It’s not often that someone comes up with a better mousetrap, and in the world of charity events, it’s downright unheard of. Yet, with his new venture, House of Distinction, Canadian event planner Aidan Henry might have come close.
“There are two big issues with signature events and galas,” Henry said. Henry, also owner of Brink Events in Victoria, knows the ropes. “I’ve produced numerous galas and signature events for charities and non-profits. Over the years I started to notice two negative trends. First, the traditional gala experience is lackluster at best. A seated dinner with hours of speeches and videos isn’t overly engaging. Second, typical galas take place in hotels and banquet rooms where expenses are extremely high. Venue costs, food and beverage, audio/visual and other costs drive down profit for the charity.”
House of Distinction event series offers several twists that keep things interesting for the attendees and revenue high for the charity. For starters, the events are all held in private residences. The owner chooses the charity, almost all costs are subsidized by sponsorship and tickets are invitation only except for a few guests who apply on the website. The invitation is mailed. Not e-mailed. Mailed. Old school.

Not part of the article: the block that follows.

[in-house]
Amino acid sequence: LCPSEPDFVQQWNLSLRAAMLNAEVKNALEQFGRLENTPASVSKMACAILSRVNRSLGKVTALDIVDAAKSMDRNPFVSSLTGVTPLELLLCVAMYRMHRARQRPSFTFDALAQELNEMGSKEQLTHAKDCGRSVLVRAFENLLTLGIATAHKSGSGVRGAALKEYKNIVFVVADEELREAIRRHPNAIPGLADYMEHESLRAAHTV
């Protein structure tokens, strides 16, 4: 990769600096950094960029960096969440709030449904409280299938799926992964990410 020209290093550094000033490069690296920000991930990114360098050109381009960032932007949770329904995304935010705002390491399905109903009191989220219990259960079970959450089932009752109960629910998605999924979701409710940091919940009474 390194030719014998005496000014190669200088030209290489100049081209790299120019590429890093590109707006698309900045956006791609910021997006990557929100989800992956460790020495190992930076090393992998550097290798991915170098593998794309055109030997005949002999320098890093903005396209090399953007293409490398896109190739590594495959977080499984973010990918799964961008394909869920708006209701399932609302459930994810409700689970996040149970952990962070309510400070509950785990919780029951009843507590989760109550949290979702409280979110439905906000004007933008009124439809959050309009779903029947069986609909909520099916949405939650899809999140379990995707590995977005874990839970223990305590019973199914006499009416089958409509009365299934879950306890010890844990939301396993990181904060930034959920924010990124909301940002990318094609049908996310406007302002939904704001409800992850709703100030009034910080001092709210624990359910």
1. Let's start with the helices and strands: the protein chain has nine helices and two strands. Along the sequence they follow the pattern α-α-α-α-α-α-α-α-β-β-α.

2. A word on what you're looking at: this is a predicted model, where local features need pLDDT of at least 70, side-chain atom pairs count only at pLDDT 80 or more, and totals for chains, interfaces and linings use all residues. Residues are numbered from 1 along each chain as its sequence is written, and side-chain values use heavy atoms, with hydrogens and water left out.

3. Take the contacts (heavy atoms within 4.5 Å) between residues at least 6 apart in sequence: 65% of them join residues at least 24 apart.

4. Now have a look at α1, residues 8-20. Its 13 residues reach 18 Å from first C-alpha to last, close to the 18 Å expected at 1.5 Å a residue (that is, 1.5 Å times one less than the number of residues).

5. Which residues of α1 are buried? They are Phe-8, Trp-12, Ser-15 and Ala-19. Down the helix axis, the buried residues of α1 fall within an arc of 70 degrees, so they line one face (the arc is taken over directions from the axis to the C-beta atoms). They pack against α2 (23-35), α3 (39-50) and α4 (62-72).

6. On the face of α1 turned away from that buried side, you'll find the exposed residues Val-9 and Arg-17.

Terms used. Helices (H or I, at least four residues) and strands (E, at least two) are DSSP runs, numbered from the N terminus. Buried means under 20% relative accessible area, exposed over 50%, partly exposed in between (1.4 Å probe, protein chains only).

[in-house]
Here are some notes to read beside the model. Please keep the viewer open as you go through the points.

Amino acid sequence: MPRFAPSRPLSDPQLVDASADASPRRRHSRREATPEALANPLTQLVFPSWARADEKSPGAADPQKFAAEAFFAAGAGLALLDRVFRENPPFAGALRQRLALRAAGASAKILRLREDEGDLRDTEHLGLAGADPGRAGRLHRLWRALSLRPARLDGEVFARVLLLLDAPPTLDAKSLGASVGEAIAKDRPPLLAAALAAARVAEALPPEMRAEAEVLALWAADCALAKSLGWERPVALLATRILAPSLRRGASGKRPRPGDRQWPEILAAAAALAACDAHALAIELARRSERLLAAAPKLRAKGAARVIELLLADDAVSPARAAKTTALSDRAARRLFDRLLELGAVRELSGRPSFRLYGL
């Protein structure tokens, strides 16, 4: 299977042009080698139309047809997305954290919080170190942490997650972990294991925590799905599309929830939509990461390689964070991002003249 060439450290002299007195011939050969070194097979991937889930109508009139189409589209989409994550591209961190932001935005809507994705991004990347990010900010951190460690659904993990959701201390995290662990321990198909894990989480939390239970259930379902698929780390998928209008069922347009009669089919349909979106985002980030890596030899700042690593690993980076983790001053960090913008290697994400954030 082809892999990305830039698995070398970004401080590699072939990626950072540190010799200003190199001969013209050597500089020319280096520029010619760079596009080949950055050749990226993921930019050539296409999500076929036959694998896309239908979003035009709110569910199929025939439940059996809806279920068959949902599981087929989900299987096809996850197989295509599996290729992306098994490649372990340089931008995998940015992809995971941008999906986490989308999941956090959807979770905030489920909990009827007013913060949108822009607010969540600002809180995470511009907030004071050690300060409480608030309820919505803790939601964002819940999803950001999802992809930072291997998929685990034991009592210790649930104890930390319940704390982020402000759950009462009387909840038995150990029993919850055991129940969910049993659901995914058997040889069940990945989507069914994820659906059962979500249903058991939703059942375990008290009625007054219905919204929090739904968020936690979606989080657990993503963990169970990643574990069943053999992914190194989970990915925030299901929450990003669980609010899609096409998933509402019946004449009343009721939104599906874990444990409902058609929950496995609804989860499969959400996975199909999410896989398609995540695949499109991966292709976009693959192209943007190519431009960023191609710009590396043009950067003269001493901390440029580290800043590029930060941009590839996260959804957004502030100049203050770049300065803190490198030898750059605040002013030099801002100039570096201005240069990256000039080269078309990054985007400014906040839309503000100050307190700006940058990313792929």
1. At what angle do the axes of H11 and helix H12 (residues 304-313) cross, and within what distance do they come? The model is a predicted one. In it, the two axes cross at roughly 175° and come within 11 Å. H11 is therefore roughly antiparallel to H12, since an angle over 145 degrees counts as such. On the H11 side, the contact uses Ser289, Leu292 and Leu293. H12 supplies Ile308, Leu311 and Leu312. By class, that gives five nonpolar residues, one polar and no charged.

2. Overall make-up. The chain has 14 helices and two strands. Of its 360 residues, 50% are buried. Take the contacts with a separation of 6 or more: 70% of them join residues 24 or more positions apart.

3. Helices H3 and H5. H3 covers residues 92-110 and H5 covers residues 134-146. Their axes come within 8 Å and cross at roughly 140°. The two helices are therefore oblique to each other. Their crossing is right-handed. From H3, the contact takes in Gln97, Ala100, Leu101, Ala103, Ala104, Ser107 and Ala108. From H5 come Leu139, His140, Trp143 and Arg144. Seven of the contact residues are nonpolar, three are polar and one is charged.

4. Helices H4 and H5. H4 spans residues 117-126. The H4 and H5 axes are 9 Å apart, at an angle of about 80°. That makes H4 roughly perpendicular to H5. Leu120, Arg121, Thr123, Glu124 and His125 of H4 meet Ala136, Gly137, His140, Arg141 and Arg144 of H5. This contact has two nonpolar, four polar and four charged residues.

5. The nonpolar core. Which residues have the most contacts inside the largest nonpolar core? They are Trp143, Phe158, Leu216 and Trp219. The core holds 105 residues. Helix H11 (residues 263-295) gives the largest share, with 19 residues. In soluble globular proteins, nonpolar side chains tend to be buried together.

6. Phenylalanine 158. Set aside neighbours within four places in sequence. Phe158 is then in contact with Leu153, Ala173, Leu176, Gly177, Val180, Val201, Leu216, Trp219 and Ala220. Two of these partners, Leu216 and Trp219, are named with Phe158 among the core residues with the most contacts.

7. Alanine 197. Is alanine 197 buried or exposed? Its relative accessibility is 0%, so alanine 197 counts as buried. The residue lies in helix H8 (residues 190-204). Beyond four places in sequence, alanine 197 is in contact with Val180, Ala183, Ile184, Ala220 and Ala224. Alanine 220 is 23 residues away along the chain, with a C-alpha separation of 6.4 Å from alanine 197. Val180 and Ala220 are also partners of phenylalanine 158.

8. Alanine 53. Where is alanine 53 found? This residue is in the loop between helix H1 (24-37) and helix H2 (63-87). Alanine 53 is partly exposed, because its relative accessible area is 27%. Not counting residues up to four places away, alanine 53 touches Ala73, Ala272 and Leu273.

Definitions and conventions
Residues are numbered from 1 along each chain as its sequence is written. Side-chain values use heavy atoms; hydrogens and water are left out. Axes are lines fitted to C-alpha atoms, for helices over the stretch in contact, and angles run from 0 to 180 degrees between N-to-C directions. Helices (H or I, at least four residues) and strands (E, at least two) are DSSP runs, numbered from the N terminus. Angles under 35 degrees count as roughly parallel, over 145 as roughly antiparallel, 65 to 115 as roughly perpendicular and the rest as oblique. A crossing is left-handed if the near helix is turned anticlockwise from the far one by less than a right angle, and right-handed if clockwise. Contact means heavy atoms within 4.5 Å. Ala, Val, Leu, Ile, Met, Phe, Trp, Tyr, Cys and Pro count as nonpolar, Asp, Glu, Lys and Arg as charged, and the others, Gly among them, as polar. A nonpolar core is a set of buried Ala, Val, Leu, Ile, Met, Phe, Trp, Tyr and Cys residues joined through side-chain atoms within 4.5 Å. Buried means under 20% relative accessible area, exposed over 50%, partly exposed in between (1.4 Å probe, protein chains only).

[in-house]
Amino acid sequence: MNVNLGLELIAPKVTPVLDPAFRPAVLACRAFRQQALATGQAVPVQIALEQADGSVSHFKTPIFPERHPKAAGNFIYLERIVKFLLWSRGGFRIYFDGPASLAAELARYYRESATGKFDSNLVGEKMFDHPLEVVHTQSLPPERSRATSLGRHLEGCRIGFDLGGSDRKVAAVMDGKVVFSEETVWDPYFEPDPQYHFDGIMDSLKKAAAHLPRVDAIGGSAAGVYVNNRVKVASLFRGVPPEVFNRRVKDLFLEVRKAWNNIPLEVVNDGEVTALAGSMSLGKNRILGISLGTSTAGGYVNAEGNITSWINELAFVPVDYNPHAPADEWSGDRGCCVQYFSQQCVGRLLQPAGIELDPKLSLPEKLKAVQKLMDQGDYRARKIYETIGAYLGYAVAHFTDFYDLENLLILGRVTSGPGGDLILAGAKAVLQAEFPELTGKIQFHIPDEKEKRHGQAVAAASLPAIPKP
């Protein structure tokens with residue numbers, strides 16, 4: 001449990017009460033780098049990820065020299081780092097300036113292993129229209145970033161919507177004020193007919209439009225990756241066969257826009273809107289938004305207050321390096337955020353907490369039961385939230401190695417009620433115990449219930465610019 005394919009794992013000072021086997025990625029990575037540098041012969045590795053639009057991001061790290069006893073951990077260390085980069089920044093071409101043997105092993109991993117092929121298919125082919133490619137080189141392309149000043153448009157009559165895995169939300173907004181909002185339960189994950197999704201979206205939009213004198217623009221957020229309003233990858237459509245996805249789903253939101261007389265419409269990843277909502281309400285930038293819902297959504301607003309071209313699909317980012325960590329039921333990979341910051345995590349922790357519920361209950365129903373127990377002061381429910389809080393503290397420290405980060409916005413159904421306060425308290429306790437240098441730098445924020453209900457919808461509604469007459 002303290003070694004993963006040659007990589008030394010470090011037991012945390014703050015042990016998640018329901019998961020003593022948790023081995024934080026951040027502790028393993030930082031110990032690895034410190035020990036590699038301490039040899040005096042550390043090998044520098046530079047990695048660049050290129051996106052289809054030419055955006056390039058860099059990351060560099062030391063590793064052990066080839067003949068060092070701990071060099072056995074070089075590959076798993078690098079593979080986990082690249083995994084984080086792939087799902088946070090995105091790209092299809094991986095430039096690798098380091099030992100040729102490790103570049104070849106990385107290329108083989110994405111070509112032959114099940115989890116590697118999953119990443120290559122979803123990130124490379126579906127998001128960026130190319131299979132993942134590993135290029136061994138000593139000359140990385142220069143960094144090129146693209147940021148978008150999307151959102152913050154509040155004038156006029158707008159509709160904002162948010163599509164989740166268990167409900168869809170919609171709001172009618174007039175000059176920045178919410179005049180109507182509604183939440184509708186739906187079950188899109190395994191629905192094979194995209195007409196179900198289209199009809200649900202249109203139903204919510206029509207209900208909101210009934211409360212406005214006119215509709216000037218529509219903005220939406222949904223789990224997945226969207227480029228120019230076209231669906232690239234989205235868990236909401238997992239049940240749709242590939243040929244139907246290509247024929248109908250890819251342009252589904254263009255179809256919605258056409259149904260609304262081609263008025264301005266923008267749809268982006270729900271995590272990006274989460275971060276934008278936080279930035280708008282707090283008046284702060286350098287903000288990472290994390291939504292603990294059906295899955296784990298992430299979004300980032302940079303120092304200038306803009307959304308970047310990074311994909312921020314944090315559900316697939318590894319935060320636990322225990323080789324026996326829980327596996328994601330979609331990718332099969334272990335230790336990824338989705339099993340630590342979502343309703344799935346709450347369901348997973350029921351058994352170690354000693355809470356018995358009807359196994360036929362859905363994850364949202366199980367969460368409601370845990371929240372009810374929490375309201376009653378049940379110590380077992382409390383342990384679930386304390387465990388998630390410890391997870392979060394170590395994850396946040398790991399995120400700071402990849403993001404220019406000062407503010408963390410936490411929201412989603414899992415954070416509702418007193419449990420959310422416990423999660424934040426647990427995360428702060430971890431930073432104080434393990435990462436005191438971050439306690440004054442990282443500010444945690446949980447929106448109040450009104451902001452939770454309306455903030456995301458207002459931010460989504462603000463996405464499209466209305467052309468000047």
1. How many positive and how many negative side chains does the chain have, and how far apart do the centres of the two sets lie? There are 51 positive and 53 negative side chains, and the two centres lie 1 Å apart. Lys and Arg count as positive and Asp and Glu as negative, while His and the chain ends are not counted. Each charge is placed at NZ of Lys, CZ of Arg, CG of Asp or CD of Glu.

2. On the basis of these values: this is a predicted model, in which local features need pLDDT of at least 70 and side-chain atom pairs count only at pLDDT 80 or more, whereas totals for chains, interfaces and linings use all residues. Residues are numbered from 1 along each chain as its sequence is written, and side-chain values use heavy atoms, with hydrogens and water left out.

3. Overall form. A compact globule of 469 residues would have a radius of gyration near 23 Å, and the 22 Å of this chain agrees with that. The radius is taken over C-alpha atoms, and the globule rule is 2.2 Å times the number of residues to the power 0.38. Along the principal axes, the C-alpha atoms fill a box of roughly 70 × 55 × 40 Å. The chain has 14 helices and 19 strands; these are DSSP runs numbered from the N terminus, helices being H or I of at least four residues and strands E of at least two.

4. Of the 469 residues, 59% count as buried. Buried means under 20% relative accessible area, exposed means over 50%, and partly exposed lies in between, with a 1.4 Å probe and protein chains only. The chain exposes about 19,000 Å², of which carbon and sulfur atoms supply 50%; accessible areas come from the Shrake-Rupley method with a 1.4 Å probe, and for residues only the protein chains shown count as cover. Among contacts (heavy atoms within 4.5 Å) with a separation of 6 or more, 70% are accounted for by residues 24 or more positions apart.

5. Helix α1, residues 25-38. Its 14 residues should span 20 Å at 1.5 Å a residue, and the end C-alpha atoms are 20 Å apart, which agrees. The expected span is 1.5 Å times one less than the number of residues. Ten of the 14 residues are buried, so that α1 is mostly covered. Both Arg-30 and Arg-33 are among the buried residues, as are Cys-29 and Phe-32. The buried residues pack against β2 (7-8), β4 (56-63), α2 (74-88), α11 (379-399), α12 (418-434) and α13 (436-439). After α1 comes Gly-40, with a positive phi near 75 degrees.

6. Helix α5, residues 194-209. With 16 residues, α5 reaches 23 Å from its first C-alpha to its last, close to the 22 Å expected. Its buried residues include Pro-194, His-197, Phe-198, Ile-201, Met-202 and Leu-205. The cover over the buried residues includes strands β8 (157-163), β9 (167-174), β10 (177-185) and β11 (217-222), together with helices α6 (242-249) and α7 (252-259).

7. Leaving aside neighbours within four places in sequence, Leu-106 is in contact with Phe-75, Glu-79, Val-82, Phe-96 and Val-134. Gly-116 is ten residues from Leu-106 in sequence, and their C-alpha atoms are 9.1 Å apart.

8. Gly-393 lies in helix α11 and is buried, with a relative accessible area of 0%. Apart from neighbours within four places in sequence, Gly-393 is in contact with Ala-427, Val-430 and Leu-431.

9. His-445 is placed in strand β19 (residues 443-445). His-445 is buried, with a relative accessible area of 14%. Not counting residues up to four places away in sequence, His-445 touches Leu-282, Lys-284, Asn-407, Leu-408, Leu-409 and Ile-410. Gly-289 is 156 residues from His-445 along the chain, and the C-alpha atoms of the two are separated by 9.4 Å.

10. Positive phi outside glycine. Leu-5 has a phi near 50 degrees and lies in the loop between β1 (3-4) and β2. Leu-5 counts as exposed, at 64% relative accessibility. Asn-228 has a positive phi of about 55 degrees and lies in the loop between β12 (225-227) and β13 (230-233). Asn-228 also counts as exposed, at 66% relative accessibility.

The first House of Distinction charity event was held in October of this year at a stunning mansion in Saanich overlooking a natural fjord. The black tie event was a charity for the Victoria Cool Aid Society, raising money for a capital campaign to build enough housing to put a roof over half of Victoria’s homeless population.
At the event space, there was an opera performance, a scotch tasting, a risotto bar, and heavy hors d’oeuvres. Henry presented the homeowner with a local piece of art, further involving the community. “We had 100 people at this first one at $300 a ticket,” he said. With a dedicated committee and group of sponsors behind him, 80 percent of the proceeds went to the charity. The catering, with food costs and service staff, is one of the largest expenses, yet, as Henry points out, “with an exclusive 100-person guest list, it’s never a big hit for anyone.”
Even so, Henry is hoping to produce three House of Distinction events a year in different cities so he never exhausts his sponsors or the charitable marketplace. The next one is underway for Vancouver in March with a different group of sponsors, as well as home and charity.
“Homes are the last frontier in venues that sell charity tickets,” Henry said. “They have multi-million art on the walls, beautiful views and create a one-time-only, behind-the-scenes experience for people who might have seen it all.” Sounds like this is, if not a better mouse trap all around for charitable dollars, certainly, a better appointed one.
Photos: Will Winter